Using Leaves for MulchPosted: October 1, 2018
Do you look at piles of leaves in your yard with dread because of all the raking you must do? Instead, why not consider the bounty Mother Nature has provided just when you need it most, and use those leaves as free, natural, organic mulch!
Before You Mulch
Mother Nature may have filled your yard with leaves, but you do still need to do a little work before you can use them as winter mulch. To be effective, leaves must be chopped or shredded first. Large, broad leaves such as maple, oak and elm can become matted and may smother plants if they are not shredded, blocking air and water from reaching the roots and fostering fungus and rot. Shredding the leaves will break them up to prevent these problems, and will help them decay more quickly to improve drainage, feed earthworms and enrich the soil.
There are two easy ways to shred large amounts of leaves for mulch. If you have a chipper/shredder, you can run leaves through to chop them into bits. If you don't have that equipment, however, your lawn mower can do the same job. Spread the leaves out in a medium-thin layer and simply mow over them, using a bag attachment if desired to catch the leaves more easily. If you have a lot of leaves to shred or they are damp, it may take several passes to break them into small enough pieces to be effective mulch.
Very small leaves, such as those from honey locust or acacia, are already small enough to be used as mulch and do not need to be broken down, but shredding can still be used if desired.
Using Your Mulch
Shredded leaves aren't the prettiest mulch for your landscape, but they can be one of the most economical and effective options. Once your leaves are shredded and ready to use, you can add them nearly anywhere mulch is required.
- Layer the leaf mulch 2-3 inches deep around newly planted flowers, shrubs or saplings, spreading them as far out as the drip line. Avoid piling the mulch right up against stems or trunks, however, which could be harmful to the plants.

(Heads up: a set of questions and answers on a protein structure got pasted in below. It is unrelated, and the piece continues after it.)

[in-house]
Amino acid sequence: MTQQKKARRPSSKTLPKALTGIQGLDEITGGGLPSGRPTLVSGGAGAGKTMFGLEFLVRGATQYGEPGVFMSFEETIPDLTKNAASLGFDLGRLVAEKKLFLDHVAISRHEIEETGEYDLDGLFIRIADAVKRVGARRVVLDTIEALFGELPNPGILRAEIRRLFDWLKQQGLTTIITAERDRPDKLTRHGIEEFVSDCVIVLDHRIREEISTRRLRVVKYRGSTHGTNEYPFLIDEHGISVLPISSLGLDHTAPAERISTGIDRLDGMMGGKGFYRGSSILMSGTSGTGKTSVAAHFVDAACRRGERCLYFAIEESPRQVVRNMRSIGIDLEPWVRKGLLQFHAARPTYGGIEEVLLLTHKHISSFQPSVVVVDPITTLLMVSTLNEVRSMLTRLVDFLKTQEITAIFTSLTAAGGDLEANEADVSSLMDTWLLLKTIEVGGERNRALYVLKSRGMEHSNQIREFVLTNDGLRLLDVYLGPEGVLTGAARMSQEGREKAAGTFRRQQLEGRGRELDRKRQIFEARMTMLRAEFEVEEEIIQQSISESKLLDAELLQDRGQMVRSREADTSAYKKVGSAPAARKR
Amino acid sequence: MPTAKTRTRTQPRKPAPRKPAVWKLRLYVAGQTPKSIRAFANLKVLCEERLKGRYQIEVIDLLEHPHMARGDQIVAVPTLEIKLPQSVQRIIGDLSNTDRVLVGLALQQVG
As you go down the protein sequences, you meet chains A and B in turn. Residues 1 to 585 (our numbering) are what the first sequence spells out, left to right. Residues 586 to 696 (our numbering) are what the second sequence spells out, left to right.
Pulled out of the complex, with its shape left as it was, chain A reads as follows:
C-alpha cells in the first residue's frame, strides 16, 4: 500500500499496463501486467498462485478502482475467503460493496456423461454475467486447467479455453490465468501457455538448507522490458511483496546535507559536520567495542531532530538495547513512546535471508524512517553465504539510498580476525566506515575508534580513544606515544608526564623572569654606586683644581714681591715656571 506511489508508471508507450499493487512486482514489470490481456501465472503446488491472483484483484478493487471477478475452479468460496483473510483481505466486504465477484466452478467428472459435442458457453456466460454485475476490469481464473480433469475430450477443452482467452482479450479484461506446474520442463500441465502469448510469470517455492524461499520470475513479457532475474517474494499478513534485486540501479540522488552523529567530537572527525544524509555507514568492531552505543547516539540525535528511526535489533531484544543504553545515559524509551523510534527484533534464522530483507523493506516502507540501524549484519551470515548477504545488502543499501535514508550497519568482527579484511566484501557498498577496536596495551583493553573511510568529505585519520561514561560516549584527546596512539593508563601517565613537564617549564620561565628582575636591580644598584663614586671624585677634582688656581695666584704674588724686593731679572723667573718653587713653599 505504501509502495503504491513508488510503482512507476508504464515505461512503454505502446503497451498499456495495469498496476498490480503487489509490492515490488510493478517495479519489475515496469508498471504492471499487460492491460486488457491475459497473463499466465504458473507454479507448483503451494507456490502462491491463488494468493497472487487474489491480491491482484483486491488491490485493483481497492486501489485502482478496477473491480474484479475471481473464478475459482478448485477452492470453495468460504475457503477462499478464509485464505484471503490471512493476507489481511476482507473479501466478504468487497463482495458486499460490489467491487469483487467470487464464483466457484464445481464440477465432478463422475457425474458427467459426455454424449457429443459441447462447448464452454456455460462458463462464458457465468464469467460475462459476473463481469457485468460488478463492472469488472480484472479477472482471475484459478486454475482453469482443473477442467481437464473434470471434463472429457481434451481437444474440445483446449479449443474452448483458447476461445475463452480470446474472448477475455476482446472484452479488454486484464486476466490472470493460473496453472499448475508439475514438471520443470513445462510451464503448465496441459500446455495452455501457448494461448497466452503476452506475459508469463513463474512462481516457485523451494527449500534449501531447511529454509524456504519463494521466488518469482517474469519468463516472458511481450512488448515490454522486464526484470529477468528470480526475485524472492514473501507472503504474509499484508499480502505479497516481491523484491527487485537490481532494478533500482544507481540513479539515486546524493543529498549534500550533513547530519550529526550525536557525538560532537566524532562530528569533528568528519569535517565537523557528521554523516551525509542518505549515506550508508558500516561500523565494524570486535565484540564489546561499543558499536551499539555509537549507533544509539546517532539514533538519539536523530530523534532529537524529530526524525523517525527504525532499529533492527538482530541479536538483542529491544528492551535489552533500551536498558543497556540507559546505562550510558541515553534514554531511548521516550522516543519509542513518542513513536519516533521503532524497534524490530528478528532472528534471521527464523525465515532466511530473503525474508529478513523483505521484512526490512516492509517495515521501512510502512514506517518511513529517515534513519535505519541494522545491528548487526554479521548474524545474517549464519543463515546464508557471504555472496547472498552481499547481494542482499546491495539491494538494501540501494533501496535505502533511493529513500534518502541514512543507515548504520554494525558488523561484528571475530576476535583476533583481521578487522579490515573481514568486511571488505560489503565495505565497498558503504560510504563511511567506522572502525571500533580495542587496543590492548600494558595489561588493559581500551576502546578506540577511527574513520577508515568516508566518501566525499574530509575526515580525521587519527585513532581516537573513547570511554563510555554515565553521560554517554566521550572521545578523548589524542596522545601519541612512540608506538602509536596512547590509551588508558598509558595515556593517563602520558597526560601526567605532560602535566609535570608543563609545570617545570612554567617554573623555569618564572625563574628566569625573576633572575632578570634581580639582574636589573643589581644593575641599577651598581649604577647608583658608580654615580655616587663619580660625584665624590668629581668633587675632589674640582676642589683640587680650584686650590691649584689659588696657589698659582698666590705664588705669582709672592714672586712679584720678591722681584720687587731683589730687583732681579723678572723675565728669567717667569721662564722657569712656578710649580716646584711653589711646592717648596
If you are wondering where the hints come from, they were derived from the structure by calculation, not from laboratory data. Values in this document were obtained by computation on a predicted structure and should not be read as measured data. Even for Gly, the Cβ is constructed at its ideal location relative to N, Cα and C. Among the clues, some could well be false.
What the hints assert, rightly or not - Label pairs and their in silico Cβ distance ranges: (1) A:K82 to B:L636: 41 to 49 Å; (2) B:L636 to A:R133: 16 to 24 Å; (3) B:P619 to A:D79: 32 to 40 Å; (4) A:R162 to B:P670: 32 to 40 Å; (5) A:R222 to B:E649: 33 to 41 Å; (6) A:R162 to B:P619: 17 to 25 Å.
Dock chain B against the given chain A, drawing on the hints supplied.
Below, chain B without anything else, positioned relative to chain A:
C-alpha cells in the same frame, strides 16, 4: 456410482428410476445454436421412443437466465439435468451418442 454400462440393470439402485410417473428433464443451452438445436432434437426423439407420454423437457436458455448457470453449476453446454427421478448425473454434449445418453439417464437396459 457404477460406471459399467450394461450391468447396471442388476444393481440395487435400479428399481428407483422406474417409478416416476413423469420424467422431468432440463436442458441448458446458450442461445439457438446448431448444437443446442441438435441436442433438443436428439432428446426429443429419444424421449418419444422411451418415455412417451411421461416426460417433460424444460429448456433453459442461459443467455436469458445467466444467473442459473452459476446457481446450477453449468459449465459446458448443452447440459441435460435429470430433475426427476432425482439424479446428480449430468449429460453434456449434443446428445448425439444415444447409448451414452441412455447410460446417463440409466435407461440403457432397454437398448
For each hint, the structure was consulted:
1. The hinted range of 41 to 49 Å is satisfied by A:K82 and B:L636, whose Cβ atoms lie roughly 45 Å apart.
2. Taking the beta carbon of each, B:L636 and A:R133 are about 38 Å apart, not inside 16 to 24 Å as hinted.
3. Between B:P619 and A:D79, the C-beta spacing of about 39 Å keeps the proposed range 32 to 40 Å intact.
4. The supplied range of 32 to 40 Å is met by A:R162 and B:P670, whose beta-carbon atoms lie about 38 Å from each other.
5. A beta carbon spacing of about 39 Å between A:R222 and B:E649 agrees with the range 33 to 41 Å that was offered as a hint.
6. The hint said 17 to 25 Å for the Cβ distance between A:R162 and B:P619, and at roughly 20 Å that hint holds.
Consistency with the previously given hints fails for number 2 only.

- Till leaf mulch into your dormant garden to allow it to decay throughout the winter and help rejuvenate the soil. You can work the mulch in by hand if desired as well. This is also great for raised beds or container gardens.
- Add the mulch to any holes as you plant in autumn, mixing it in with the existing soil. This will help improve the soil drainage and provide great nutrition for plants to get established in the landscape.
If you want to use leaf mulch but would still like a more attractive landscape, add a thin layer of commercial mulch, shredded bark, wood chips or gravel on top of the mulch as a top dressing. This will hide the shredded leaves and provide another layer of protection for the plants and soil.
Too Many Leaves?
If you have more leaves than you need for mulch, there are still more options to explore…
- Offer extra leaf mulch to neighbors or other gardening friends so they can reap the same benefits you are enjoying. Farmers, community gardens and nurseries may also be interested in extra mulch for winter protection.
- Fill decorative trash bags with extra leaves to make quirky Halloween pumpkins or spiders, or even leaf-filled "snowmen." You can use the leaves as more mulch in the spring, or let trash collection take the bags when you are finished with the decorations.
- Add leftover shredded leaves to your compost pile. They are ideal organic matter to nourish the microbes and earthworms in your pile, and they will break down well over the winter to become rich, nutritious compost.
- Mow over extra leaves directly on your lawn without bagging them, and let the shreds stay on the turf to decay over the winter and nourish your grass. This will be easiest if you mow more often but keep your mower at a taller height so you do not stress the grass.
With so many options to use leaves as organic mulch, you may find yourself wishing you had even more leaves piling up in your yard!